WHEN I discovered The Post was doing a review of Punta Cana, I was excited because I will be making my first visit there soon. But the tone of John Deiner's article ["Punta Cana: All Is Revealed," Oct. 24] was condescending and U.S.-centric. If one is going to a foreign country to visit, should it not have non-English speaking inhabitants? He couldn't mingle with guests who weren't North American? Obviously, Deiner has no sense of adventure. Sounds to me that the perfect place for him to review would be Orlando--everyone speaks English, all food is recognizable and they even have manatees!
Shirley J. Flottum
THANK YOU for your understanding and warm story about Barcelona ["Divine Madness," Oct. 17]. We lived there for several years. It is a wonderful city and the Catalans are special people, artistic and creative. You have caught that special touch that many writers and tourist groups miss completely.
WE VISITED Barcelona in May, using Spanair's fantastic deal of $369 for two nights; we extended it to six nights for about $600 each. We walked down the Rambla every day and found some great restaurants. I have always been fascinated with Gaudi and toured all his sites.
One thing happened that almost ruined our trip. We'd read about the pickpockets, so I practically sewed my pants pockets shut. Didn't work. On the Rambla, a couple of girls grabbed me and pushed me around. I checked my wallet--gone. I grabbed both of them by the wrist and shouted. They dropped my wallet. They tried the same thing three days later, but I saw them coming and shouted again. No other sign of trouble.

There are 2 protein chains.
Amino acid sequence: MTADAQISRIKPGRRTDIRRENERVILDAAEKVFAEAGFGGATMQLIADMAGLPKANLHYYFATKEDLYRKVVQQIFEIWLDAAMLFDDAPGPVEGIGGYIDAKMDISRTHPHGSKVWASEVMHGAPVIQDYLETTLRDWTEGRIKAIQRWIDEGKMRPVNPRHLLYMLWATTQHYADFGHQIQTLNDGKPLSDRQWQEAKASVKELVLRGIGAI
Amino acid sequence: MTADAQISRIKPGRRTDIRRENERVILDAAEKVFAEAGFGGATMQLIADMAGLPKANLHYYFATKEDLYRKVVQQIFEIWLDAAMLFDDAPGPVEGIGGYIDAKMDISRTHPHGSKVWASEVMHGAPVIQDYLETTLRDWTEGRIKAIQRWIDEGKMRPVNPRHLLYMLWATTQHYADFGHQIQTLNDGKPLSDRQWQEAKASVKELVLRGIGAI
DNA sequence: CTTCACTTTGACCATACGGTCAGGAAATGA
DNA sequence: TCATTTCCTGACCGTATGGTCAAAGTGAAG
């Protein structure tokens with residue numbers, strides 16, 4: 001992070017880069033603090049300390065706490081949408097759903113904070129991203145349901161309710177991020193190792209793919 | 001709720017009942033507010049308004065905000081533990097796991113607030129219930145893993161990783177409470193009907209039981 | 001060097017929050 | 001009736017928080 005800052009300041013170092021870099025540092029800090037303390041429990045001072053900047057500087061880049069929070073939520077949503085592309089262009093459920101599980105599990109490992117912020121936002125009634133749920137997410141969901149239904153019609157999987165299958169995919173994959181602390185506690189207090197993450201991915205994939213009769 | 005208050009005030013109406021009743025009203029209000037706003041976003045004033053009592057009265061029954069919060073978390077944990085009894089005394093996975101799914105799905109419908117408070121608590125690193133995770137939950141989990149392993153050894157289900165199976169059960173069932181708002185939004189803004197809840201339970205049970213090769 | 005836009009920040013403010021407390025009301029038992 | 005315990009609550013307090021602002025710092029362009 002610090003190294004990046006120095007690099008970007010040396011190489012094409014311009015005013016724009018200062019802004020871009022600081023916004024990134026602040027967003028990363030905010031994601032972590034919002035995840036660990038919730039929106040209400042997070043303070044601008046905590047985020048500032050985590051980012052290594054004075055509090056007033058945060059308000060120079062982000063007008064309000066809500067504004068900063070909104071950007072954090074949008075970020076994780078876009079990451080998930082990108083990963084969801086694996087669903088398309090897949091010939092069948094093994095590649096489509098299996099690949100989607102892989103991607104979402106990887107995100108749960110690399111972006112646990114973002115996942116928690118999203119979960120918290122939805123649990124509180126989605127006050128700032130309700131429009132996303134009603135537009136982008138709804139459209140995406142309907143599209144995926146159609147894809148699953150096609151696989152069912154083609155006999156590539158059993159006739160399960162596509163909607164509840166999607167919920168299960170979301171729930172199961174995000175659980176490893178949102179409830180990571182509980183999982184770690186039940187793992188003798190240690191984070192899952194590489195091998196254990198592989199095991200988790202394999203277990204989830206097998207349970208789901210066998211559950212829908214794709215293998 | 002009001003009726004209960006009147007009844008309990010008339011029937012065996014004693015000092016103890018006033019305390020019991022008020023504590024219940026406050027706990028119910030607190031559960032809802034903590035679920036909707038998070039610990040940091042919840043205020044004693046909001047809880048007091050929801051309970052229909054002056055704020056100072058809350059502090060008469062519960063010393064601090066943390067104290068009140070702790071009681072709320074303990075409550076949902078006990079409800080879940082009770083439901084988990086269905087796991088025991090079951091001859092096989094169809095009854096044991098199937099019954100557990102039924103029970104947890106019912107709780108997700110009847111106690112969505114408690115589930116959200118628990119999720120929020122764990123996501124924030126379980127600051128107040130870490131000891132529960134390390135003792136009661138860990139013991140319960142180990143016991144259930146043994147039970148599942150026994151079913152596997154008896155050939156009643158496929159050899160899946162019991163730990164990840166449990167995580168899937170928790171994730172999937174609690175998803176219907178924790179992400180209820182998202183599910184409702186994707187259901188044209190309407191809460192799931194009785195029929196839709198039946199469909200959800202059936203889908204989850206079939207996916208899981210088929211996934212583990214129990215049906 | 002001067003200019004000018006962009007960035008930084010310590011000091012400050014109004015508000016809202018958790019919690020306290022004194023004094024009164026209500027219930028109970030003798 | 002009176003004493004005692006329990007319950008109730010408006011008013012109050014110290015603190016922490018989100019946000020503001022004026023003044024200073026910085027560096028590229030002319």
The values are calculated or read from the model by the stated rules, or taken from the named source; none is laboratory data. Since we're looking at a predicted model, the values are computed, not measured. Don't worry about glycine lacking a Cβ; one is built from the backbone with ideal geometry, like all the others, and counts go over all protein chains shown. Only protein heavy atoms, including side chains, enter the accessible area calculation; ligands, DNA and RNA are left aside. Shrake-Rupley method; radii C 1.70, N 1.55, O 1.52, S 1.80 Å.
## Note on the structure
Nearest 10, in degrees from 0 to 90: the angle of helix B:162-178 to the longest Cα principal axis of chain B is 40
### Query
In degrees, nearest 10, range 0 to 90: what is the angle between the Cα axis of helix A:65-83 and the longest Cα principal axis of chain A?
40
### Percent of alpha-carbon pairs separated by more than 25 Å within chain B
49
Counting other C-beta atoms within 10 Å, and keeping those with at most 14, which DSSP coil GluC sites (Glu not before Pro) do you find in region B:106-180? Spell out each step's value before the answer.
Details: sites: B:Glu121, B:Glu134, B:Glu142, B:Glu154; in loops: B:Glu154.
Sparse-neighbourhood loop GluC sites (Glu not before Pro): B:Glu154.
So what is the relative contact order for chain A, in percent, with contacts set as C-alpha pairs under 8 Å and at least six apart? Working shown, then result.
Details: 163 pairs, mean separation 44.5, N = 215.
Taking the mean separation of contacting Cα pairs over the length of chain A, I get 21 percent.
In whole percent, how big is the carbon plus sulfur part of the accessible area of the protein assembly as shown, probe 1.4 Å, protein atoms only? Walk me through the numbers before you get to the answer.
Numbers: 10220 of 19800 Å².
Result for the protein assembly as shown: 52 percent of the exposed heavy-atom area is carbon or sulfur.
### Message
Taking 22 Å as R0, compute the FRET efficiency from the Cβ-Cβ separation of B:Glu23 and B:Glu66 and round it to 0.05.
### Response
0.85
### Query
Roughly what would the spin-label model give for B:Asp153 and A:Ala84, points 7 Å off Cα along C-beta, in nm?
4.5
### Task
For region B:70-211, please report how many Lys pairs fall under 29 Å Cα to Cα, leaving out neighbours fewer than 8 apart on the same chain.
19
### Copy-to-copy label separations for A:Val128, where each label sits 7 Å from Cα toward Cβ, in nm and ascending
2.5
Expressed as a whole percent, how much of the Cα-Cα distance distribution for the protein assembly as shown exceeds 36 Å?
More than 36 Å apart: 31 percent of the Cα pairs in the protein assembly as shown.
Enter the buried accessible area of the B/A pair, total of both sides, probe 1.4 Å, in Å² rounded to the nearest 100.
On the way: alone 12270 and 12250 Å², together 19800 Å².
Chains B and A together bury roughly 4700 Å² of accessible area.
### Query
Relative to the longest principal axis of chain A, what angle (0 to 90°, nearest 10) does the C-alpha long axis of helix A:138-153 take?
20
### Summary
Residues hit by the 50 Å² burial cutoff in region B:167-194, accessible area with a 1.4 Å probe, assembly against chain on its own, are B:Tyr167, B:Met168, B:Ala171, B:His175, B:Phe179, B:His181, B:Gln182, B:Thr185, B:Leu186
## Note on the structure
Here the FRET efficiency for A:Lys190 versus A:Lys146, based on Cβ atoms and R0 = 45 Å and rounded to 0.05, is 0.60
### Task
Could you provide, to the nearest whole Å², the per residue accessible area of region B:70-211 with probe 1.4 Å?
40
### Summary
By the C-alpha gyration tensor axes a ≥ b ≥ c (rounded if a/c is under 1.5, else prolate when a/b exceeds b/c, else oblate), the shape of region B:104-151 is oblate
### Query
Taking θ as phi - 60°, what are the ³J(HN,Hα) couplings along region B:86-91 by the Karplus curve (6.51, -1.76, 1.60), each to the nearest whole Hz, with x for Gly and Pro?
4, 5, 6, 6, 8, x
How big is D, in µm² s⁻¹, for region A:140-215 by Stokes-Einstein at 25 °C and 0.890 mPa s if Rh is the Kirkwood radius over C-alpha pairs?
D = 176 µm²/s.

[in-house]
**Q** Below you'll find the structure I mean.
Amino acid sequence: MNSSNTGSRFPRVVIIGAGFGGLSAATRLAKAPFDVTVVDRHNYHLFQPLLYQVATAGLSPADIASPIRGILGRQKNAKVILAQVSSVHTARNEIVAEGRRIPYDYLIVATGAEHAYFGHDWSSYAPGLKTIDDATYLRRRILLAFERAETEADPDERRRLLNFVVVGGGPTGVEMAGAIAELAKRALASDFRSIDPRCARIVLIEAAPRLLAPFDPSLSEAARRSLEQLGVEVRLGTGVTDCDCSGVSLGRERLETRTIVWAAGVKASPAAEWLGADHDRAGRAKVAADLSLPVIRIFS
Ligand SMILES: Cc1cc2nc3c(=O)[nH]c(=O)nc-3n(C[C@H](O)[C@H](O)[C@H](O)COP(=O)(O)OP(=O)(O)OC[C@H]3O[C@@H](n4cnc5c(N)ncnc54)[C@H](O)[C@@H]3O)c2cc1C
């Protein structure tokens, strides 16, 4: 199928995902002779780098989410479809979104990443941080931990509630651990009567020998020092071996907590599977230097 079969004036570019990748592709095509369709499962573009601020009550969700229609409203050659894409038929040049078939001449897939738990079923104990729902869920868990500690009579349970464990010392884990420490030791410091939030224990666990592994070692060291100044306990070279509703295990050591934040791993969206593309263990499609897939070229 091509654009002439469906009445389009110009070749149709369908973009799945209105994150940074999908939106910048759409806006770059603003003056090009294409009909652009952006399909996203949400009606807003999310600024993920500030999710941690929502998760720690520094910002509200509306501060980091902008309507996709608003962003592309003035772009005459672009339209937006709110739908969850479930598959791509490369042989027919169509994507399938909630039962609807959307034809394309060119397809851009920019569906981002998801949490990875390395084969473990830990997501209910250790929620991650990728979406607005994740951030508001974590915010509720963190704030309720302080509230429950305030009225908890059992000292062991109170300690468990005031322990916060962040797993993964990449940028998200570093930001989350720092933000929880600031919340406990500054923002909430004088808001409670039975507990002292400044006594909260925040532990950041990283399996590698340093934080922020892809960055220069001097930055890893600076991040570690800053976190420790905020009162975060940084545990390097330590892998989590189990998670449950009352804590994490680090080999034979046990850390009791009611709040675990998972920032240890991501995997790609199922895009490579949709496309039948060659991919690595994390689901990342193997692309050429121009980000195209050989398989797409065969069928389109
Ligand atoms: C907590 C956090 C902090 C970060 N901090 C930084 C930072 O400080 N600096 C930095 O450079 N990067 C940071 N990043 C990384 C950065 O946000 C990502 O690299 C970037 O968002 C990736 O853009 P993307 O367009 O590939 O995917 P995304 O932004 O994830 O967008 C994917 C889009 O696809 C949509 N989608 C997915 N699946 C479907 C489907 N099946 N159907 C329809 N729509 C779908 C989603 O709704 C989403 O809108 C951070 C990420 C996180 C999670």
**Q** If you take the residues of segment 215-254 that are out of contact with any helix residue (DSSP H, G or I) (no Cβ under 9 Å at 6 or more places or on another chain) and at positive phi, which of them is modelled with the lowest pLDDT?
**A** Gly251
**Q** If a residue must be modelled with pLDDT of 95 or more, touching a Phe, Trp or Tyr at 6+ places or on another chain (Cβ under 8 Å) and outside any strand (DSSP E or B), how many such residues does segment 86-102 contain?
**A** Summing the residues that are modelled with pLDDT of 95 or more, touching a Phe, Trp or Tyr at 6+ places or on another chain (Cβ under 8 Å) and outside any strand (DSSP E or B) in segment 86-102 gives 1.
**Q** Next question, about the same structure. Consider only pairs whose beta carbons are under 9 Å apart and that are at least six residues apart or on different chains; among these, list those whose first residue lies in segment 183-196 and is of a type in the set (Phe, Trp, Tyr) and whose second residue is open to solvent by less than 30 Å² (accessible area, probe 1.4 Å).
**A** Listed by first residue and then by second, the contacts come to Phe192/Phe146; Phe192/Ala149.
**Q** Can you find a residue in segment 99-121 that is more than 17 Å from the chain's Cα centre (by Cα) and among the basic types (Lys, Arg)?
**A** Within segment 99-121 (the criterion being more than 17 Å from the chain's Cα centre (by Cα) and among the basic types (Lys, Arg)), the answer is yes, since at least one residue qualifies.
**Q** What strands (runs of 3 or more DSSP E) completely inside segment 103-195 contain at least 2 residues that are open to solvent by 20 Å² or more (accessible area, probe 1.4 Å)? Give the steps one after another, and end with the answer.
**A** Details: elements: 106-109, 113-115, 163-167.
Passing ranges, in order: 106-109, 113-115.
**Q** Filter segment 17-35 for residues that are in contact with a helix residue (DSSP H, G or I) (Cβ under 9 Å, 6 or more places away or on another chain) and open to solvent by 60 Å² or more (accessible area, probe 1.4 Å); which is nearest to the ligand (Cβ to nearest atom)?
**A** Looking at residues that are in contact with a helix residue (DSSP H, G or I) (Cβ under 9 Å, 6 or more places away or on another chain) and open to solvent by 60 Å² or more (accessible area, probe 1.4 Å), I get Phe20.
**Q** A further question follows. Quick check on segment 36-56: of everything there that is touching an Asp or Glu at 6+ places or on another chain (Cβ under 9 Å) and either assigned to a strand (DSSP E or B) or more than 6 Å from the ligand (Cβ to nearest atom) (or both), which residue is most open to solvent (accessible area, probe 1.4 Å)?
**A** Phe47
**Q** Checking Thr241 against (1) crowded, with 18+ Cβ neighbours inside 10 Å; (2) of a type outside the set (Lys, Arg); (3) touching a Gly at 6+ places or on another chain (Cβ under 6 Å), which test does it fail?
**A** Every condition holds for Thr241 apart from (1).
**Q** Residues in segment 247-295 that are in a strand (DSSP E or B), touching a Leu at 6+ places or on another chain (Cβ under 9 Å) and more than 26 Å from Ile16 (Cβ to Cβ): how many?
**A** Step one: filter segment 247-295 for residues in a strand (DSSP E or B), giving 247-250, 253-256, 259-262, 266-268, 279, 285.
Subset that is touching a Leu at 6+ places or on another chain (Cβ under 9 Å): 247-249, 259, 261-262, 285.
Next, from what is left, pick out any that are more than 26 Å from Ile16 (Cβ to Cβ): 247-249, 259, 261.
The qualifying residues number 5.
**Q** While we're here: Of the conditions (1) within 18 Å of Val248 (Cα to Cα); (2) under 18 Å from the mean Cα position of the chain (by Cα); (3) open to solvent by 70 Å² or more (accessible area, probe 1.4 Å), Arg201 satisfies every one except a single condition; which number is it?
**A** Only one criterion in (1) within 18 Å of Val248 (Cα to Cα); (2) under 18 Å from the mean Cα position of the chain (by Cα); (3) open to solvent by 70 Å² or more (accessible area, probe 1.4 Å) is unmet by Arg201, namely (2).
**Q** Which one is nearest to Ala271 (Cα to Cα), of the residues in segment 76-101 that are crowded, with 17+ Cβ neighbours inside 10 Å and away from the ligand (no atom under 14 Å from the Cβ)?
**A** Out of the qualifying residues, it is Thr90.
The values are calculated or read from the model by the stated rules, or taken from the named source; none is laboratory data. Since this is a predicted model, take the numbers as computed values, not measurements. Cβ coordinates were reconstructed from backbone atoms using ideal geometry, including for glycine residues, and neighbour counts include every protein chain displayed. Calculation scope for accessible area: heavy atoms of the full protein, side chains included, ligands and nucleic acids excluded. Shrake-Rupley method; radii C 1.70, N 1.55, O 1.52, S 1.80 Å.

YOUR one-dimensional, "one size fits all" rhetoric regarding cruise passengers who visited La Rambla needs some retooling. The description of "waddling thousands like livestock wearing T-shirts and fanny packs" does not represent those with whom I traveled. Watch your cynical put-downs.
Great Falls, Va.
AFTER LIVING in Barcelona for four months, I feel that Craig Stoltz's article gives an unfair impression of the city. The thing that made me most angry were his statements about the Barri Xines. I have walked in that area alone and with friends during the day and night and have never felt threatened.
I do not believe that Stoltz ever spoke to a resident of Barcelona either; otherwise he might have known better than to think that there isn't a drive for Catalan independence. It's true that the Catalans have equal freedom now that Franco is gone, but there is still a movement for independence.
CONCERNING Travel Tip 117 ["Tape That!," Oct. 17], there is another side to this. My son's eighth-grade class (about 120 students) just returned from a one-week trip to New York City. Before they left, the trip coordinator told parents they would not be taping the students' doors in the night. Their hotel was in Times Square, and the chaperons did not want to advertise which rooms had teenagers staying in them.
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